United States District Court, D. Idaho
MEMORANDUM DECISION AND ORDER FILED UNDER
Lynn Winmill Chief Judge.
before the Court is the LDS Church Defendants' Motion for
Summary Judgment Against John Doe XII (Dkt. 183) and Motion
to Seal (Dkt. 182). Also pending before the Court is Doe
XII's Motion to Seal (Dkt. 202). Briefing on summary
judgment was completed on June 22, 2017. The Court heard oral
argument on June 27, 2017 and took the matter under
advisement. For the reasons described below, the Court will
deny the Church Defendants' Motion for Summary Judgment.
The parties' respective Motions to Seal are granted in
part and denied in part.
John Doe XII participated in a Scout troop sponsored by the
Nampa 2nd Ward of the LDS Church. Def. 's Br. at
2, Dkt. 183-1. In 1974, when Doe XII was twelve, his
scoutmaster, Larren Arnold, sexually abused him on two
separate occasions. PL 's Statement of Facts
¶ 4, Dkt. 203-1. In May 2001, Doe XII contacted the
Church Defendants regarding the abuse he suffered as a child,
and asked for recompense. Def. 's Br. at 3, Dkt.
183-1. Doe XII sent a follow-up letter in June, asking for a
response, and at some time later he spoke on the phone with
attorneys for the Church. Id. at 3, 5.
this phone call, Doe XII met in person with an attorney for
the Church, and signed a "Settlement Agreement and
Release of All Claims" (the "Agreement").
Id. at 5. The Agreement contained a clause releasing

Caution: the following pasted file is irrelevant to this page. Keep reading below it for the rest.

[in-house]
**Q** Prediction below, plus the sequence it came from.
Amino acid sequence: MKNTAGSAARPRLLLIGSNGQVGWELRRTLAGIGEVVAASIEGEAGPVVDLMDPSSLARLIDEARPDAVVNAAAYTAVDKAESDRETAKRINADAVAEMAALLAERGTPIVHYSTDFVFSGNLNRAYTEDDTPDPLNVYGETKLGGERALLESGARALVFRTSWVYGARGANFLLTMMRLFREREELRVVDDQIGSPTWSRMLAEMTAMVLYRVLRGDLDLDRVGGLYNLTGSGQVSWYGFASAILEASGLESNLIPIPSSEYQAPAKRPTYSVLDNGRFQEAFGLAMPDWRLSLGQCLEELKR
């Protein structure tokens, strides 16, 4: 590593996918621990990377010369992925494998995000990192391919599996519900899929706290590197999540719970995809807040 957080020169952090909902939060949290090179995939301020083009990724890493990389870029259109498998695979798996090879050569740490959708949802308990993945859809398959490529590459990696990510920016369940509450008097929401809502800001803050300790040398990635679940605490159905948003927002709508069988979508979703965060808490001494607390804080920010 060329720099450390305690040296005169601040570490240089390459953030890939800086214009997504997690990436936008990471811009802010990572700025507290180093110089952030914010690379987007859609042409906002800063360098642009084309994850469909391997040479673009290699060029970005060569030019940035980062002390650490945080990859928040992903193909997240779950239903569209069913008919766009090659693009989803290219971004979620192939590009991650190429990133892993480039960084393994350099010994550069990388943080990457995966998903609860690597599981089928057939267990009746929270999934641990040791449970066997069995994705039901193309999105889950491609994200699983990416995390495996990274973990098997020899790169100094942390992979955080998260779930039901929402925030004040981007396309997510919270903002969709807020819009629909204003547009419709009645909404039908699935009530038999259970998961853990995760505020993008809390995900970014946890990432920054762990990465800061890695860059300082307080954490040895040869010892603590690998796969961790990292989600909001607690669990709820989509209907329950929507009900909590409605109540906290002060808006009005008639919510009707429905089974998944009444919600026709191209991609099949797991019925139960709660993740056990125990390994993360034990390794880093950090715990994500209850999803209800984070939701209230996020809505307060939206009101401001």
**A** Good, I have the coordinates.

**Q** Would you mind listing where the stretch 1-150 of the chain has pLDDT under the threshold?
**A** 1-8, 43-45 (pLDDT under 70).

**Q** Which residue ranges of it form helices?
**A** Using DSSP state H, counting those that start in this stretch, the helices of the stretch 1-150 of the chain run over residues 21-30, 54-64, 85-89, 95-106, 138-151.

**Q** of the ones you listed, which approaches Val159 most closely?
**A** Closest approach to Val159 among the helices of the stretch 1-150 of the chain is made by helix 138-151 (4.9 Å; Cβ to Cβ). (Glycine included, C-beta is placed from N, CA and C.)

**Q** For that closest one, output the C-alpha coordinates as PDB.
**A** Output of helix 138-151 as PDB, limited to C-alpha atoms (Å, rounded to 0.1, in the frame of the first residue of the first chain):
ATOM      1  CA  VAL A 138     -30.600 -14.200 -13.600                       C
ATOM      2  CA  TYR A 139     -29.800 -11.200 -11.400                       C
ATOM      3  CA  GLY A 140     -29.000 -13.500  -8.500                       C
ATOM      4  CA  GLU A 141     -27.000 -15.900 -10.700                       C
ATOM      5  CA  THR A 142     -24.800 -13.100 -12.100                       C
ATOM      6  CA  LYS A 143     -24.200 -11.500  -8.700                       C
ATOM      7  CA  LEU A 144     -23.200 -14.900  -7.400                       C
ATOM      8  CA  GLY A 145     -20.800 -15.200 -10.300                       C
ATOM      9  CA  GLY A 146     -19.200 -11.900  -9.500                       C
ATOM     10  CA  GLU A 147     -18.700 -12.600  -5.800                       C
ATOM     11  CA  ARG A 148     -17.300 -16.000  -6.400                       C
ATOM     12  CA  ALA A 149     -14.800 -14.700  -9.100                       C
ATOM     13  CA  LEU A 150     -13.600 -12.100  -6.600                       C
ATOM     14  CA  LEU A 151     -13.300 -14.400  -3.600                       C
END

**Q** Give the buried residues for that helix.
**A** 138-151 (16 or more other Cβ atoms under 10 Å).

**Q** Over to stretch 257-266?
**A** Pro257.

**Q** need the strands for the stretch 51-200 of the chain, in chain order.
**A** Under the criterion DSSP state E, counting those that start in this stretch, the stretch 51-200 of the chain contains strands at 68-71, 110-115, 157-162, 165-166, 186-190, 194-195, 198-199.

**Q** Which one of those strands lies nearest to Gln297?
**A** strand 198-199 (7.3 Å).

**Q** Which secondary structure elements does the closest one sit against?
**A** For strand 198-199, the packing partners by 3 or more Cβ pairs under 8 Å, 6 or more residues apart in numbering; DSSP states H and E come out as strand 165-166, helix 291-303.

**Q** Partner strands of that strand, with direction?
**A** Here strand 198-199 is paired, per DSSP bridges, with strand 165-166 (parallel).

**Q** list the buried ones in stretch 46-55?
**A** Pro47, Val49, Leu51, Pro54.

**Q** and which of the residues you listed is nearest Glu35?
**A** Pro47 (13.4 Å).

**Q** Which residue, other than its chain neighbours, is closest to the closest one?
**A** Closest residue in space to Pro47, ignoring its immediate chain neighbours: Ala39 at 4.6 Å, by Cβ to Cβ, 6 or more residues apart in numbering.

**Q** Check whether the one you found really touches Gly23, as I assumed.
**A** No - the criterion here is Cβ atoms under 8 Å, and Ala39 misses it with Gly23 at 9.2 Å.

the Church Defendants "from any and all past, present or
future claims, whether for direct or for vicarious liability,
for damages for personal and other injuries, and contract
claims, which the Releasor has, or claims to have, for or in
any manner arising out of the abuse he suffered.
WoodardDecl. Ex. G ¶ 2, Dkt. 183-9.
during 2001, Doe XII contacted attorney Tim Kosnoff about the
potential for a lawsuit against the Church Defendants.
See WoodardDecl. Ex. F at 197:22-25, Dkt. 183-8.
Based on his conversation with Mr. Kosnoff, Doe XII believed
his case had "great potential" but knew that Mr.
Kosnoff was concerned there might be an issue with the
statute of limitations. Id. at 225:16-22, 226:19-25.
This conversation happened prior to Doe XII's meeting
with the representative from the Church Defendants, at which
he signed the release. Id. at 227:3-9.
2007, Doe XII was briefly represented by the law firm Chasan
& Walton. Chasan Decl. ¶ 2, Dkt. 203-2. In
July 2009, Chasan & Walton were retained as local counsel
in Tom Doe v. Corporation of the Presiding Bishop of the
Church of Jesus Christ of Latter-Day Saints, a case
which alleged fraud by the Church Defendants in relation to
sexual abuse perpetrated by Larren Arnold. PL 's
Statement of Facts ¶ 11, Dkt. 203-1.
February 2014, Doe XII joined this lawsuit, alleging that the
Church Defendants made fraudulent misrepresentations about
the safety of Scouting, upon which Doe XII relied in deciding
to participate in Boy Scouts. Second Am. Compl.
¶ 101-02, Dkt. 47. Doe XII further alleged that, as a
result of the Church Defendants' constructive fraud, Doe
XII incurred both physical and emotional damages.
Id. ¶ 115.
judgment is appropriate where a party can show that, as to
any claim or defense, "there is no genuine dispute as to
any material fact and the movant is entitled to judgment as a
matter of law." Fed.R.Civ.P. 56(a). One of the principal
purposes of the summary judgment "is to isolate and
dispose of factually unsupported claims Celotex Corp. v.
Catrett, 477 U.S. 317, 323-24 (1986). It is "not a
disfavored procedural shortcut, " but is instead the